Navy commissions warship named for Australia’s capital city in Sydney
Stars and Stripes July 25, 2023
A star-spangled kangaroo adorned an Independence-class littoral combat ship when it became the first U.S. Navy vessel to be commissioned in Australia.
The USS Canberra was commissioned Saturday at the Australian navy’s Fleet Base East in Sydney. The dockside ceremony coincided with the start of the biennial, multinational Talisman Sabre drills, involving more than 30,000 personnel training Down Under until Aug. 4.
Video posted online by the Defense Visual Information Distribution Service showed Canberra’s commanding officer, Cmdr. Will Ashley, reporting the ship ready, and ship sponsor Marise Payne, a former Australian foreign affairs minister, giving the order to officers and crew to “man our ship and bring her to life.”
The warship is destined to serve throughout the Indo-Pacific with one of America’s closest allies, U.S. Secretary of the Navy Carlos Del Toro said at the ceremony. Guests included U.S. Ambassador to Australia Caroline Kennedy, Australian Deputy Prime Minister and Minister of Defence Richard Marles and U.S. Chief of Naval Operations Adm. Michael Gilday.
"I am confident that wherever USS Canberra is sailing, and whatever challenges her crew may face, they are ready, as reinforced by this warship’s motto: 'Can Do,'" del Toro said.
Canberra departed Naval Base San Diego, its homeport, on June 13, visiting American Samoa and Fiji before arriving in Sydney, U.S. Pacific Fleet said in a statement Saturday.
The Independence-class littoral combat ships USS Jackson, USS Manchester, USS Oakland and USS Mobile are also operating in the Indo-Pacific, according to the statement.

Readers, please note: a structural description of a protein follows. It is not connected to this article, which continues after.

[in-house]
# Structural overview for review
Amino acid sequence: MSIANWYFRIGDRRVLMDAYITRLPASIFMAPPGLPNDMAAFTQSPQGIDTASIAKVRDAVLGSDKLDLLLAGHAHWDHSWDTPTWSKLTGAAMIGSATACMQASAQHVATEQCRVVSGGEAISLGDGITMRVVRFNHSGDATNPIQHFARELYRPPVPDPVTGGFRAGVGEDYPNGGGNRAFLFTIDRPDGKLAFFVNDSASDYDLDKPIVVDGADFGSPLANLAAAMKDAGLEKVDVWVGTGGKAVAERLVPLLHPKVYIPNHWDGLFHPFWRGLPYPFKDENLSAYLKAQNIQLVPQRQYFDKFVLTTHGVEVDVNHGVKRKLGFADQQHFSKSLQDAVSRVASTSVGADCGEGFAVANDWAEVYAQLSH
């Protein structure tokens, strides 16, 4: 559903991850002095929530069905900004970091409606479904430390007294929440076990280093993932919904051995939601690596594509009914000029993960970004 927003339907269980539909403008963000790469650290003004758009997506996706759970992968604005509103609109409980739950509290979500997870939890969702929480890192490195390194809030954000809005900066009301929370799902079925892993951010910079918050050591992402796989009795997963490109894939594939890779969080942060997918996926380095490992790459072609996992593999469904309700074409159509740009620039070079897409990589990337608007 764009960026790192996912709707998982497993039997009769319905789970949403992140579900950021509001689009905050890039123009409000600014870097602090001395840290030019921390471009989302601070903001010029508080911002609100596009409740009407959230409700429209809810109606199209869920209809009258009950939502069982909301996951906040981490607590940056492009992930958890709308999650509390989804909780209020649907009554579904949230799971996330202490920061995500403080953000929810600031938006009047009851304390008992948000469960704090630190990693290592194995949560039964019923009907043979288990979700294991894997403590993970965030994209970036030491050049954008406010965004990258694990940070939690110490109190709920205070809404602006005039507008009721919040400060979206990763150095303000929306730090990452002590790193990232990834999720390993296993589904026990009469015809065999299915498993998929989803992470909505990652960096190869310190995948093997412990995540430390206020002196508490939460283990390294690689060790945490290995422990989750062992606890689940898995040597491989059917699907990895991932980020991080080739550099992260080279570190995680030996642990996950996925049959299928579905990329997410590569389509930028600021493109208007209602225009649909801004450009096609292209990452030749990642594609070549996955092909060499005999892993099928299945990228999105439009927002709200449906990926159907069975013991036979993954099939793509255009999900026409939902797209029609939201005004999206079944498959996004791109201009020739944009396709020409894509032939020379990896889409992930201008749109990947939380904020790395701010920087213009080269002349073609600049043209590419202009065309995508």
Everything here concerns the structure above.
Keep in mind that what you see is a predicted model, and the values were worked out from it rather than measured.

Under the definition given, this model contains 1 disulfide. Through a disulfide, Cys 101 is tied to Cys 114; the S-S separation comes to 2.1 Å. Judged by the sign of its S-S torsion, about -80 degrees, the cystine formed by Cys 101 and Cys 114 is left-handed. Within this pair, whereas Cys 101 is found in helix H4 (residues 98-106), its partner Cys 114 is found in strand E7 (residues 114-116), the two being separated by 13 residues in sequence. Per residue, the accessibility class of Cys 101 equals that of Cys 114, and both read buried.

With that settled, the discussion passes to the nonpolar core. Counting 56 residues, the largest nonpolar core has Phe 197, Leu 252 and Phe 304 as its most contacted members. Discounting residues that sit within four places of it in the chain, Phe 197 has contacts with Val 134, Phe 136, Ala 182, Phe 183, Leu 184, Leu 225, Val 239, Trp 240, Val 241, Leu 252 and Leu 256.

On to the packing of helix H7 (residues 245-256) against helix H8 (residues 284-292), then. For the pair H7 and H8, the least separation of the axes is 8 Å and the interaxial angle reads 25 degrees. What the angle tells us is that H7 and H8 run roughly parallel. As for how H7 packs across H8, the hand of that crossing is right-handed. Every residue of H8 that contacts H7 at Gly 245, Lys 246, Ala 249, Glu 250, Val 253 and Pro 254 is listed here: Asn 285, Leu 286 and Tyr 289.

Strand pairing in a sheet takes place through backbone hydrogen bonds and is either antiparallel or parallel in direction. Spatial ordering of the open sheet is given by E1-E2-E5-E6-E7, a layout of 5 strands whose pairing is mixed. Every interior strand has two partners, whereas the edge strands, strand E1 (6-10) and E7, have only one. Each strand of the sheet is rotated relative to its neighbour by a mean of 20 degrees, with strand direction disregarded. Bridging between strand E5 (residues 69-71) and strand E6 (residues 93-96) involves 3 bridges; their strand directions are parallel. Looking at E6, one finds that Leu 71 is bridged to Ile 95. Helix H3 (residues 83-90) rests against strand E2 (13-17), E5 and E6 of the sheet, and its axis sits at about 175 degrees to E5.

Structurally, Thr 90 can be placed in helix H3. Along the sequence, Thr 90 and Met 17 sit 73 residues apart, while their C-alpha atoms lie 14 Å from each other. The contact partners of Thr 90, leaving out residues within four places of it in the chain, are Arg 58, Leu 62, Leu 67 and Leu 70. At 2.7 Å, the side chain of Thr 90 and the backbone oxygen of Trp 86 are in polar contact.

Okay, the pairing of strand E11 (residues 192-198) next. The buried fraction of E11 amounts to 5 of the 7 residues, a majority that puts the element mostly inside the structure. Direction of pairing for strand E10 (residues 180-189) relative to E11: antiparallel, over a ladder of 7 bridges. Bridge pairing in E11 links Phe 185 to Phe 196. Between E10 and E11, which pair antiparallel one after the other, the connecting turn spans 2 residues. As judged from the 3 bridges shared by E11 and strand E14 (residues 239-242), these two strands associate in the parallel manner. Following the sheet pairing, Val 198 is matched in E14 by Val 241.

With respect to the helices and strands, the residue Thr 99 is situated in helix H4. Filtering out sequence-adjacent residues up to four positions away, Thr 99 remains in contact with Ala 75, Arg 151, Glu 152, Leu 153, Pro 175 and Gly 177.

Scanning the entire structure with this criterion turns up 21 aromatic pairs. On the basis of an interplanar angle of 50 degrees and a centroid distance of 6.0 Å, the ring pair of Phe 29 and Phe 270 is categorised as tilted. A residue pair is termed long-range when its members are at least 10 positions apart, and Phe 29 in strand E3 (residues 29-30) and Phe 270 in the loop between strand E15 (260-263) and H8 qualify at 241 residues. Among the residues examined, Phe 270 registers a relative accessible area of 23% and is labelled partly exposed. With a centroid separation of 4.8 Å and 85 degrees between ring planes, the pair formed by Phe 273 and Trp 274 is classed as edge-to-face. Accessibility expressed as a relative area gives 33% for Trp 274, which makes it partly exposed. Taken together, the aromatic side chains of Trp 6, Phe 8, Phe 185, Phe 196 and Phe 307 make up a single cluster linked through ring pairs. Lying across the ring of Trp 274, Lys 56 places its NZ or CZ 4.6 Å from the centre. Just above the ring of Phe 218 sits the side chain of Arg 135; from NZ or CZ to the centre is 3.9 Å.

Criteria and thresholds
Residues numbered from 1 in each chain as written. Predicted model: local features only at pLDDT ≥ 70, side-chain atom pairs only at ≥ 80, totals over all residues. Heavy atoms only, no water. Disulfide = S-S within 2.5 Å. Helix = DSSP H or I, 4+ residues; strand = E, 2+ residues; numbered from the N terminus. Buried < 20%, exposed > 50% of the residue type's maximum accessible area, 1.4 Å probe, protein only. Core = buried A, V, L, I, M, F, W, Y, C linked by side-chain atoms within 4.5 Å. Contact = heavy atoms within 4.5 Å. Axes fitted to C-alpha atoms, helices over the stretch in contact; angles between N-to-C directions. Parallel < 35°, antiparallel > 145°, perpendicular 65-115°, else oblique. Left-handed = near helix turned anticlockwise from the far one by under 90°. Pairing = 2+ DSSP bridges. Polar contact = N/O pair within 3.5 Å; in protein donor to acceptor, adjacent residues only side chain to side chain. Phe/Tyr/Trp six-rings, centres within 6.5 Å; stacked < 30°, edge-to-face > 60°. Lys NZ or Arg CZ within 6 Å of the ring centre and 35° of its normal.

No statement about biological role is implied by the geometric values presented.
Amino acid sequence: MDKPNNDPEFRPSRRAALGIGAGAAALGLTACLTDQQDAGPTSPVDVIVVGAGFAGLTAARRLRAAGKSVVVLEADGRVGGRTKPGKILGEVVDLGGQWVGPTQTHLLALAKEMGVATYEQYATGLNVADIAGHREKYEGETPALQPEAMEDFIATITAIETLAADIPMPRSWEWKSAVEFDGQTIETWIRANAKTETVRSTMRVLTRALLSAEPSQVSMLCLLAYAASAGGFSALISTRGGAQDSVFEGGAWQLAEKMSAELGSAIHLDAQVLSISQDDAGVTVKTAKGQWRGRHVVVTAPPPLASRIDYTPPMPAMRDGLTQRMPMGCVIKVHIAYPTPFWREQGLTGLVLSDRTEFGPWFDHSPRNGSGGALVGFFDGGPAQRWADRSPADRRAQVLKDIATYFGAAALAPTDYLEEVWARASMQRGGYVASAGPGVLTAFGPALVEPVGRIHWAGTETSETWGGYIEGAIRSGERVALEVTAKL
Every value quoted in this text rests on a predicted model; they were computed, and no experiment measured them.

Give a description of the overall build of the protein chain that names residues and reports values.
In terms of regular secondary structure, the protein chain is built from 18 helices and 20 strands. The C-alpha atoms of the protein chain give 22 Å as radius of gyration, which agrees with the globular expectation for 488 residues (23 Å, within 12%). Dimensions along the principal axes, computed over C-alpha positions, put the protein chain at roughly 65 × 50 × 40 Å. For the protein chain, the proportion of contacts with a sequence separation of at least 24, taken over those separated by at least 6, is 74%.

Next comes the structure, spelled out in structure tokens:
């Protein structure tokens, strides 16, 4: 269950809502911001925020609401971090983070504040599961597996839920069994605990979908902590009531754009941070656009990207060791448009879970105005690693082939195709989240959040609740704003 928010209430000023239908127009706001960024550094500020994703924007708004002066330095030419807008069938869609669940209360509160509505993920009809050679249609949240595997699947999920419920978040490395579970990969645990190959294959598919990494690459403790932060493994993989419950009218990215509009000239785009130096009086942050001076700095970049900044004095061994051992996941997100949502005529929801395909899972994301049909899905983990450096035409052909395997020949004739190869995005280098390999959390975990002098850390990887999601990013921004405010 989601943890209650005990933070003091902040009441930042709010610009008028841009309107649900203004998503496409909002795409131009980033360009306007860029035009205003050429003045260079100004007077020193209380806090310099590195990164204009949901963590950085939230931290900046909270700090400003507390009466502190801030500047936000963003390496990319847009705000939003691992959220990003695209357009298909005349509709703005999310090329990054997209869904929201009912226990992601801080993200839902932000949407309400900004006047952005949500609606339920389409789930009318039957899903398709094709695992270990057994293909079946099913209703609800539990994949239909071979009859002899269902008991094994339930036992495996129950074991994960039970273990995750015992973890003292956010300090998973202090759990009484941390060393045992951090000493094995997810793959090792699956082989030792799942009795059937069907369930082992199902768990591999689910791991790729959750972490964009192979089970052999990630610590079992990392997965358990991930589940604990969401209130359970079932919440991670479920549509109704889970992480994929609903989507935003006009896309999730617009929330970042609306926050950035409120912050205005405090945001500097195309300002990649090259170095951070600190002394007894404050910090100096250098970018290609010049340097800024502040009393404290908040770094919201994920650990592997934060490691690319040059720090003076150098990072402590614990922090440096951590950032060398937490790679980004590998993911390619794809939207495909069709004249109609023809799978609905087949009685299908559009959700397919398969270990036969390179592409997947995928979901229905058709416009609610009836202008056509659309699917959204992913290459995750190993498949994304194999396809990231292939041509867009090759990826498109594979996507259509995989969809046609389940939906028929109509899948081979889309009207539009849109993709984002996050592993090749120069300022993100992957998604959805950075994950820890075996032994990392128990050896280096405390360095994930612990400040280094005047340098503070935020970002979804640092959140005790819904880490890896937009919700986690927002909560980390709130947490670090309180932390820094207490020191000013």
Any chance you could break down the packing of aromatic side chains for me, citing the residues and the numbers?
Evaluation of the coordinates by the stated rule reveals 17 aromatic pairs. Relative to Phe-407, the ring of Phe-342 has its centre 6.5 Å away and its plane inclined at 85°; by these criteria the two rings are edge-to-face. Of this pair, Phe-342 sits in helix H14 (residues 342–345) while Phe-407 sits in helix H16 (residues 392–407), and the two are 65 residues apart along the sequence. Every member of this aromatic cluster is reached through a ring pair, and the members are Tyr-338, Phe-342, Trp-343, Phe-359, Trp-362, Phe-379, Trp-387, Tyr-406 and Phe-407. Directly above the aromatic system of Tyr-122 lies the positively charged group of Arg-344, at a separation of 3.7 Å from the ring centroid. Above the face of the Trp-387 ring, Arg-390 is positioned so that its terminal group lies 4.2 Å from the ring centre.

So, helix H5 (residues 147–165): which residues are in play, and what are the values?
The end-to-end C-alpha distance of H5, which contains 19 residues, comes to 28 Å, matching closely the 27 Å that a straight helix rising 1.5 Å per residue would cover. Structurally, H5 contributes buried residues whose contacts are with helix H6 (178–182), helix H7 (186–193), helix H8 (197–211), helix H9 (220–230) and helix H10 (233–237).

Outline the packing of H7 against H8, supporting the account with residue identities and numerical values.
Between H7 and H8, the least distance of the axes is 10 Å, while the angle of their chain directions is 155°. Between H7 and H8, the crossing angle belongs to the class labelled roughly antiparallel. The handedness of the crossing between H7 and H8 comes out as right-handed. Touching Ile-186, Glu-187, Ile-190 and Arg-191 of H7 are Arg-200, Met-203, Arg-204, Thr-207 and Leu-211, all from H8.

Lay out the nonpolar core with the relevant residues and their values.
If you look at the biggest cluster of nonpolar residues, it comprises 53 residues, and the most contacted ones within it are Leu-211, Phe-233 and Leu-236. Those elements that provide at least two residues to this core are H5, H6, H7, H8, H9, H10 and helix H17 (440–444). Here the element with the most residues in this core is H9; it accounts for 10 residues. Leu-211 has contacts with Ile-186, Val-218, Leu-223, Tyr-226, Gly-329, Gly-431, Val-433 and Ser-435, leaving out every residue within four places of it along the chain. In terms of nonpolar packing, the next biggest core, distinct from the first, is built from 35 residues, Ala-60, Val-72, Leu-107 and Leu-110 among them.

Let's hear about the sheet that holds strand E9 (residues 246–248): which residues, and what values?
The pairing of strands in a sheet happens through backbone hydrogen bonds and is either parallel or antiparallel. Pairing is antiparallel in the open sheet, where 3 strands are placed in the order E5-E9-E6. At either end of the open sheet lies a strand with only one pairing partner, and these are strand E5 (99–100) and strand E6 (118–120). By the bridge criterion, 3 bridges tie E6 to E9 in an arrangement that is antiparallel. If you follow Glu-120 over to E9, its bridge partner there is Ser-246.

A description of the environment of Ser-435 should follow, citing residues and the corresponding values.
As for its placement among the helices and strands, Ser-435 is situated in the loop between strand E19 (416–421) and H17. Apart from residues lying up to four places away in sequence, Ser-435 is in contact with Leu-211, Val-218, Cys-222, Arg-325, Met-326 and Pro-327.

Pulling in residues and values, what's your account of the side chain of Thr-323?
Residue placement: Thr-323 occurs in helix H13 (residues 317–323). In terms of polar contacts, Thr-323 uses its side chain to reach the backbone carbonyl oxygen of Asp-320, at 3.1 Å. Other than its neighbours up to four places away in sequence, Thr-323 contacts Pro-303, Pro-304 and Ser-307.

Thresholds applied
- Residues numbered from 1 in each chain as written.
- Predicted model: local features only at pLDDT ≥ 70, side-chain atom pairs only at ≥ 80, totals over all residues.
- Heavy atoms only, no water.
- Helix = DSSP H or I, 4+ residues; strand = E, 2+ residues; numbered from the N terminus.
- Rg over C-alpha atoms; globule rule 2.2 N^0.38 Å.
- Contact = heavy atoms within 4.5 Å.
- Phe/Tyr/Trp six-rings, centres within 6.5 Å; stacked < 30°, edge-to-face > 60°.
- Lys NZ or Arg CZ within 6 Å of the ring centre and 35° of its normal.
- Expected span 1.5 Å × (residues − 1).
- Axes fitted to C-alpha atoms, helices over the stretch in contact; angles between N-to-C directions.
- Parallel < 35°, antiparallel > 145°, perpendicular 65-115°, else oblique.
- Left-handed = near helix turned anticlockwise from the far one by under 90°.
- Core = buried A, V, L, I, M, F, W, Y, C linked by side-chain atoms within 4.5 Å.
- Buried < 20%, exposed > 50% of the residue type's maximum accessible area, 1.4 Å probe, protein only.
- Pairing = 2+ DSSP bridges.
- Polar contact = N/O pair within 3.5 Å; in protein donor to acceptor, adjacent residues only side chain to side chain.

“Today marks a proud moment which our Royal Australian Navy is privileged to share alongside our allies and friends in the United States Navy,” Australian navy Vice Adm. Mark Hammond said at the commissioning. “The connection between our navies, forged in battle during the Second World War, is reflected in the name USS Canberra.”
Canberra is the second Navy ship named for Australia’s capital. The first, a Baltimore-class heavy cruiser, commissioned on Oct. 14, 1943, was named in honor of the Australian heavy cruiser HMAS Canberra, lost at the Battle of Savo Island in World War II.
Independence-class littoral combat ships are fast vessels that operate near shore and in open ocean to support forward presence, maritime security, sea control and deterrence missions, according to the statement.
However, the ships have been criticized as outdated in a world where conflict with well-armed potential adversaries such as China and Russia is a growing concern.
“The LCS is on trend to meet design requirements for the [mine counter measures] and [surface warfare] missions as they were established 20 years ago,” states a Navy report cited in a Politico story published June 15, 2022. “At issue is the warfighting contribution those capabilities will provide in a changed strategic environment.”
The Navy wants 21 littoral combat ships, including 15 Independence-class vessels, built by Austal USA in Alabama. That’s down from 50-plus ships planned in the early 2000s, Politico reported.
The latest vessels cost around half a billion dollars each, almost twice as much as their original estimates, the report said.
“LCS has military value,” the Navy report states, but “it has less military value than other platforms if employed in a high-end fight with China, in the Pacific.”